1. Record 6 Million Unfilled Jobs – Yet 6.8 Million Can’t Find Jobs
2. Do We Have a Labor Shortage in the US? In Skilled Labor, Yes
3. Near-Term Labor Shortages Are Actually a Sign of Progress

Overview

The US Department of Labor told us in June that there were apprx. 6.0 million open (unfilled) jobs in America, a record high. The Labor Department also told us that there are apprx. 6.8 million unemployed Americans who are actively looking for work.

With those two figures in hand, you might wonder why there is a “jobs” problem at all. You might think that 6 million of the 6.8 million looking for work would snap up those 6 million unfilled jobs. But then you would probably realize that many of the 6 million unfilled jobs are not located where the 6.8 million looking for work are located. That’s part of the problem.

Yet the biggest problem by far is this: Many of the 6.8 million Americans looking for work do not possess the skills required to do most of the 6.0 million unfilled jobs. For a variety of reasons, many jobless Americans lack the skills necessary to do today’s unfilled jobs.

This fact is at the heart of our sluggish economy, and there are no easy answers. That’s what we’ll talk about today.

Record 6 Million Unfilled Jobs – Yet 6.8 Million Can’t Find Jobs

America has more job openings than ever before. There were 6 million unfilled jobs in the United States in April, a record high, according to data released by the US Labor Department in late June. It comes at a time when 6.8 million unemployed Americans are looking for jobs.

With a similar amount of job openings and unemployed workers looking for work, it may make one wonder why those unemployed workers aren’t able to find jobs. This is especially puzzling given that the official unemployment rate is at a 16-year low of 4.3%.
Unemployment Rate

Source: US Department of Labor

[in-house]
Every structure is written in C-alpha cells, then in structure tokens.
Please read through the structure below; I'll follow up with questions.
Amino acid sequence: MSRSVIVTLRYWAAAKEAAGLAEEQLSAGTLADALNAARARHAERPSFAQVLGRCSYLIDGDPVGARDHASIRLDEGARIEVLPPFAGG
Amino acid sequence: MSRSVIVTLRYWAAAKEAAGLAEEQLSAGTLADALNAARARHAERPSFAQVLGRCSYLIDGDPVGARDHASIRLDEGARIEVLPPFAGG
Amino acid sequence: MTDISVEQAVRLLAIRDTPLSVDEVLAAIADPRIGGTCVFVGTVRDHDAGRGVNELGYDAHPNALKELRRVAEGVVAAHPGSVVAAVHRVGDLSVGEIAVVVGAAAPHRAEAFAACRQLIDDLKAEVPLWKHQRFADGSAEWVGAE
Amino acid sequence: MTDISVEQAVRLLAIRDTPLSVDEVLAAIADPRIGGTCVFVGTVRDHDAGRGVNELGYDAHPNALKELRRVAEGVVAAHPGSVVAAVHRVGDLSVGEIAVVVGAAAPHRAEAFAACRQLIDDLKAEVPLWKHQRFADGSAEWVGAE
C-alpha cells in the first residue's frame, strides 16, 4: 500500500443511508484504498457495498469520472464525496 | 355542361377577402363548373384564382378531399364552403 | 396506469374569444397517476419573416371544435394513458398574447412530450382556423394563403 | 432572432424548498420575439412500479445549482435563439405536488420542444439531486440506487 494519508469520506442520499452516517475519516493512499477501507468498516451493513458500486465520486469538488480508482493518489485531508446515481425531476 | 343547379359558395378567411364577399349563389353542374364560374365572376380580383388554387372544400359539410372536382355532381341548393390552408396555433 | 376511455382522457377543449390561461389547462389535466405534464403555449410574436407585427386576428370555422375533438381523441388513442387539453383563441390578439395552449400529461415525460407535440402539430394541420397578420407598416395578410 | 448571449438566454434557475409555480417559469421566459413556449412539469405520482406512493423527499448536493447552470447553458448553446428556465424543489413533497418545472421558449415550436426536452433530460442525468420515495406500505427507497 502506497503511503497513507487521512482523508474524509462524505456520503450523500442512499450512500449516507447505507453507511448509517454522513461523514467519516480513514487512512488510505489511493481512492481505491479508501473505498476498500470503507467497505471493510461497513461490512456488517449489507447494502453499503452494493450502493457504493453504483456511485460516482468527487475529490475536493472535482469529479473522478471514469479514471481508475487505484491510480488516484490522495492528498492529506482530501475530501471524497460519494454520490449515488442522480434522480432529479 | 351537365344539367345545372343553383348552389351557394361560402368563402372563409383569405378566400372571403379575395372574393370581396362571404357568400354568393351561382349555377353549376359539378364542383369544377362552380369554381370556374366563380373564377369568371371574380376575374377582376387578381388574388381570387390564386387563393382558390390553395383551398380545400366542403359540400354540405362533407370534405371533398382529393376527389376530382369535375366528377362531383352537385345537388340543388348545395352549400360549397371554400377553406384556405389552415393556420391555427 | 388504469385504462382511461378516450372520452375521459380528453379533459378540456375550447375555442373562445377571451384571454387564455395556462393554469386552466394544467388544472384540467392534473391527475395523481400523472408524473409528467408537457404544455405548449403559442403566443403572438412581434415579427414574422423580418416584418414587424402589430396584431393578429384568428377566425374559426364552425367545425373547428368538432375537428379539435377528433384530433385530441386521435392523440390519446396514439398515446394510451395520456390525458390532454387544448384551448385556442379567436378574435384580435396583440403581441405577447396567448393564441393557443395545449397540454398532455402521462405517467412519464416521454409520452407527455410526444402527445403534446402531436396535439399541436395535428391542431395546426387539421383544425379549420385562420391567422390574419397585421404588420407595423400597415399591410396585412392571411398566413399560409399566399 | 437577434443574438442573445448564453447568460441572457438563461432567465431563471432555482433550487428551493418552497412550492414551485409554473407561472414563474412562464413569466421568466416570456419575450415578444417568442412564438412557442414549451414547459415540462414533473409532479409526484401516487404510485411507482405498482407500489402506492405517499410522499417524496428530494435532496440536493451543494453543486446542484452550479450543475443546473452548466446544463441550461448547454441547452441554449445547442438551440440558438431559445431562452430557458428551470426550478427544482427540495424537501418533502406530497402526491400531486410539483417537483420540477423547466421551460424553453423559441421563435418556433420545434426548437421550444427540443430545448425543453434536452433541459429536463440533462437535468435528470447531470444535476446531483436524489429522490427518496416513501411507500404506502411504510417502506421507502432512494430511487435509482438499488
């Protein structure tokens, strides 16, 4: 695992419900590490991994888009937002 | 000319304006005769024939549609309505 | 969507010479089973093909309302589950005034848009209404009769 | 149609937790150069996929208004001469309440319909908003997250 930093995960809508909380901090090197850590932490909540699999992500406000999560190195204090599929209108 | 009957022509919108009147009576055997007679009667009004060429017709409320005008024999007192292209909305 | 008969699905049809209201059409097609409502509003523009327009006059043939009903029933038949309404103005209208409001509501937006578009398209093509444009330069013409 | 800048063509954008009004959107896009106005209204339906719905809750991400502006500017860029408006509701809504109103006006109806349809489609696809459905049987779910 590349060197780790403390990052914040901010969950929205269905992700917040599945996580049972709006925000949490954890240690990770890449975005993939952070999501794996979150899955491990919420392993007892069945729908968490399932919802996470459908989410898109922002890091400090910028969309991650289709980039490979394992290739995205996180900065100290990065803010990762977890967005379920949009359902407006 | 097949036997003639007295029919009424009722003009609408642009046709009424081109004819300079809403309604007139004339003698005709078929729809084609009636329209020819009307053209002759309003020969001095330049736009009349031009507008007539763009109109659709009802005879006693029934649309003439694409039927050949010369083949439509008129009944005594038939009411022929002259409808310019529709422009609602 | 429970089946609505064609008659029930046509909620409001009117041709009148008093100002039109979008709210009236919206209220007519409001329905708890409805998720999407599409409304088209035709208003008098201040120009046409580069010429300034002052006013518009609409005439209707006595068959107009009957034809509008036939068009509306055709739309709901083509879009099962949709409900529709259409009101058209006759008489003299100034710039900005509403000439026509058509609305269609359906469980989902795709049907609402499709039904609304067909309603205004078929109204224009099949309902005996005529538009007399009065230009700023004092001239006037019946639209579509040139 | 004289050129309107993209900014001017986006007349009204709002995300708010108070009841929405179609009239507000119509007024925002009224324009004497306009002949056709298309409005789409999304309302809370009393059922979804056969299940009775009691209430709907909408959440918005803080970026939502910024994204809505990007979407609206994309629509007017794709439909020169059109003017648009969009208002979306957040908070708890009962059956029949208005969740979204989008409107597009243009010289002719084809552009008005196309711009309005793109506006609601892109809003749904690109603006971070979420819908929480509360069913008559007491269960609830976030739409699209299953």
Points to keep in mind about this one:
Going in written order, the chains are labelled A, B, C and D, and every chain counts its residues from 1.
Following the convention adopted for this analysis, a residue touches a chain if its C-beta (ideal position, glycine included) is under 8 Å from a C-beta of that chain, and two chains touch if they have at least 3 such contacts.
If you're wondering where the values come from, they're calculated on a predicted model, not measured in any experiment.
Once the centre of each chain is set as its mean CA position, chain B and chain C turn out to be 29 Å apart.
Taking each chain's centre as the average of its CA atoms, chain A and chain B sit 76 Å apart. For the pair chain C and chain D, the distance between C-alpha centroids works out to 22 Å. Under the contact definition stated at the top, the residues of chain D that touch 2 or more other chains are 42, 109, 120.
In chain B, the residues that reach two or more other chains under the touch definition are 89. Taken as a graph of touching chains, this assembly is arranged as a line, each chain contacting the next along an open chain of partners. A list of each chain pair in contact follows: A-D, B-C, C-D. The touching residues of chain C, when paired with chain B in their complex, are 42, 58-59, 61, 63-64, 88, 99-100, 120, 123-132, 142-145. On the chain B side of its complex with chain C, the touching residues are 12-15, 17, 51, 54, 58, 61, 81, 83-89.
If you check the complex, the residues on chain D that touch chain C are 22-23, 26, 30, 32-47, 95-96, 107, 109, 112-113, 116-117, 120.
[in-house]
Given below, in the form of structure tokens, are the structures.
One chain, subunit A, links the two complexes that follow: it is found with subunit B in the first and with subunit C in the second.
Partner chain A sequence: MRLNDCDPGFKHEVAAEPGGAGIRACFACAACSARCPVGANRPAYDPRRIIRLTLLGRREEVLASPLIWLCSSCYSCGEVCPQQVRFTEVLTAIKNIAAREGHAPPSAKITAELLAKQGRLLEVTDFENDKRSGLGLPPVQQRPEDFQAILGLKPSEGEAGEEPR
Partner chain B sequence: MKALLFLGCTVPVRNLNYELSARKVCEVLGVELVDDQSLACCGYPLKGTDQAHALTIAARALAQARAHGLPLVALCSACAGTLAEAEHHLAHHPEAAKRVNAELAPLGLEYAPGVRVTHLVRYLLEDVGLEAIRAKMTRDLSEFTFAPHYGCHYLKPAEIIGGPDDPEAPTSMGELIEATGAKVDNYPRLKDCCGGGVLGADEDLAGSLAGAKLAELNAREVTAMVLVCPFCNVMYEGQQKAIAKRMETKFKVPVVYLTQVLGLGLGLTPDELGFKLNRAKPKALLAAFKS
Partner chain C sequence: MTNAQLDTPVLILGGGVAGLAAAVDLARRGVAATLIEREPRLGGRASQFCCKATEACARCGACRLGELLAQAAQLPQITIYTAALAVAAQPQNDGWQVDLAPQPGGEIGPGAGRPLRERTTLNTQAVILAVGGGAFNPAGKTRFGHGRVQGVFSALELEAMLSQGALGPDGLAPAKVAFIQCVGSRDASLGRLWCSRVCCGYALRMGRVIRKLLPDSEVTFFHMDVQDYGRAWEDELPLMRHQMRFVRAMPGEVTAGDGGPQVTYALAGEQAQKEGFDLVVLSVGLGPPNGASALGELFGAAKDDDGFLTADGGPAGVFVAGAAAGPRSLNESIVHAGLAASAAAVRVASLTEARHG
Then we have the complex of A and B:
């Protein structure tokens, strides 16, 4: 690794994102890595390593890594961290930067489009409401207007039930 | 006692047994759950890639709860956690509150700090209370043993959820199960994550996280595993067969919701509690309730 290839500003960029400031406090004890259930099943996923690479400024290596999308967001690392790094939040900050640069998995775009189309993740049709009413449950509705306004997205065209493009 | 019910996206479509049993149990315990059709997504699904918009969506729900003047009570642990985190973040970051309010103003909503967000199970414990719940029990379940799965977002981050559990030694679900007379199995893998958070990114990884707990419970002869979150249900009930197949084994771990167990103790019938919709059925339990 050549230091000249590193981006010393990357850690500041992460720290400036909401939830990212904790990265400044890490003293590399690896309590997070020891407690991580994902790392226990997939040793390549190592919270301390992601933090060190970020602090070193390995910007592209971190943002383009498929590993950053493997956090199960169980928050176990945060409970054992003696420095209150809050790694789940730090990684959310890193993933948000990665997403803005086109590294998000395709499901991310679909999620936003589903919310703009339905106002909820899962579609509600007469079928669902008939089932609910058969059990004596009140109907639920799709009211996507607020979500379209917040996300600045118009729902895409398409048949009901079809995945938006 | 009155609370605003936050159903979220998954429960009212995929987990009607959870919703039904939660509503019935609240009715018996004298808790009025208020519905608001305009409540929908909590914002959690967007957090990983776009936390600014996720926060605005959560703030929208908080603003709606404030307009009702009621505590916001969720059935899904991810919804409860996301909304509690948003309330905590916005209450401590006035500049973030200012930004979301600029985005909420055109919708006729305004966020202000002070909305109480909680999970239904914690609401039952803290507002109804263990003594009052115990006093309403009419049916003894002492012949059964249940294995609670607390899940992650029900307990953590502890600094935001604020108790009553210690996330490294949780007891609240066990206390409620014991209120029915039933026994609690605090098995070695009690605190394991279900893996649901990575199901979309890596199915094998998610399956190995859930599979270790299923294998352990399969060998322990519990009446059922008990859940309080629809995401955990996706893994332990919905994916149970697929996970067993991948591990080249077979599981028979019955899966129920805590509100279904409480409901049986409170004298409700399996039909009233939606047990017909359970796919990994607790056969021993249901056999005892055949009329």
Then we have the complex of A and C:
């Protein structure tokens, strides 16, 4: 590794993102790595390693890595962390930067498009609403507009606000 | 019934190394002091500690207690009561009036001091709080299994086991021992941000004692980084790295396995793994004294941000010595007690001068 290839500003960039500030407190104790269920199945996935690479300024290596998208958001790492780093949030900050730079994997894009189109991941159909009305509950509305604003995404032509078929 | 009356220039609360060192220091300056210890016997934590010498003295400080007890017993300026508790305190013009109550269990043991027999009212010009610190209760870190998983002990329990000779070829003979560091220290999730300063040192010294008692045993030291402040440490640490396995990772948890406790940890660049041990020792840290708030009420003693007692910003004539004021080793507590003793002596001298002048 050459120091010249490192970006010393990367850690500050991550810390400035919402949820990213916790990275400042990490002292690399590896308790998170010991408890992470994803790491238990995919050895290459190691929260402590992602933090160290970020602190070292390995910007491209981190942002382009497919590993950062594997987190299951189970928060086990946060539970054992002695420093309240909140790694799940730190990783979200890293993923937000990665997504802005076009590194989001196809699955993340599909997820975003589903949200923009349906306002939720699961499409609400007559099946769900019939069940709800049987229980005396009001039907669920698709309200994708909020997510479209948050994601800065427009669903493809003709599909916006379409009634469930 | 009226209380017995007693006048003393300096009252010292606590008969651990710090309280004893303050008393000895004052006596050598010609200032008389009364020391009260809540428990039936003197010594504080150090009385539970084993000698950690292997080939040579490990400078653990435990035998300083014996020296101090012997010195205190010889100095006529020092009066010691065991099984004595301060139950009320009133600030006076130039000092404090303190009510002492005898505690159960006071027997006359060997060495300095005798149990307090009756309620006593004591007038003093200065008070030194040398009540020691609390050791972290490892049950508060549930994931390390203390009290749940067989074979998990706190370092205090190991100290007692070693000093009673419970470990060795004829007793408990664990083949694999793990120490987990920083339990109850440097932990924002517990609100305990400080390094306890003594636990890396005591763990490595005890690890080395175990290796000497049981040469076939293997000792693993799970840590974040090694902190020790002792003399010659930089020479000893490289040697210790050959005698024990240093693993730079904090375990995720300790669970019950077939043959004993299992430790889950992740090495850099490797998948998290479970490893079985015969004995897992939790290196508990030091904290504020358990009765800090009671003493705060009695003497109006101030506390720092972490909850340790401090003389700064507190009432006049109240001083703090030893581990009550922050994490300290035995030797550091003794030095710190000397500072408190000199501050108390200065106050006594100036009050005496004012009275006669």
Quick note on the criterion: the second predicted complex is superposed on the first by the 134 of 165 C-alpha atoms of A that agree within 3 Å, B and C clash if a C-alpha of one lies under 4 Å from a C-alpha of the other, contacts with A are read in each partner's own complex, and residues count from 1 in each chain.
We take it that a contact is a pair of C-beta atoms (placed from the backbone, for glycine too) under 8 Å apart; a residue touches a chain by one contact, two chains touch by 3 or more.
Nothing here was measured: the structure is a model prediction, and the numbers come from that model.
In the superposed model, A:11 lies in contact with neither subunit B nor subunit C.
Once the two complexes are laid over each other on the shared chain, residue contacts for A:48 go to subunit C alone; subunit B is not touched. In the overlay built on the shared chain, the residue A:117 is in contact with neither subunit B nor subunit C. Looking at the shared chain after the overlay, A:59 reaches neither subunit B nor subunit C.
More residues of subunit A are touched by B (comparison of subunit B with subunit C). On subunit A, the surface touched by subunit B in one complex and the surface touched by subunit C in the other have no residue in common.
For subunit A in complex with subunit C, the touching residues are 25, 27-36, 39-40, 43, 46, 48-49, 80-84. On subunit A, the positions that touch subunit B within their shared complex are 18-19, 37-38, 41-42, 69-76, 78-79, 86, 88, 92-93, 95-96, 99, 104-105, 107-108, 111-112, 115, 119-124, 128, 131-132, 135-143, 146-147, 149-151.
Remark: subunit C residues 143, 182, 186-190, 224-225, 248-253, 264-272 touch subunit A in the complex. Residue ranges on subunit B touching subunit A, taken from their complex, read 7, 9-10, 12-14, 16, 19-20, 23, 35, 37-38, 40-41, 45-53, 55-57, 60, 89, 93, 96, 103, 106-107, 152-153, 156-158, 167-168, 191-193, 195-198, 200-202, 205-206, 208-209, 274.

Yet a further look into the unemployment data reveals one of the key problems that has increasingly plagued the US labor market in recent years.

First and foremost, job seekers tend to lack the skills in demand by today’s employers. Second, those seeking work are increasingly unwilling (or financially unable) to move to where jobs are available. And third, employers have often unrealistic expectations.

During and after the Great Recession of 2007-2009, employers had the upper hand and could be choosy about who they hired because unemployment was high and openings were scarce. They could raise job application requirements like asking for a college degree, even if the job didn’t necessarily require one.

For example, 65% of recent job postings for secretaries who work for executives (now known as “administrative assistants”) required a college degree. Yet among current executive assistants, only 19% have college degrees, according to a recent Harvard Business School survey. That’s a big gap between expectations and reality.

But most importantly, the US has long struggled with a job skills gap, which is a result of an aging workforce, the rapid pace of automation and a lack of effective job training programs. The sad fact is that most Americans looking for work today do not have the skills they need to fill open jobs in their area.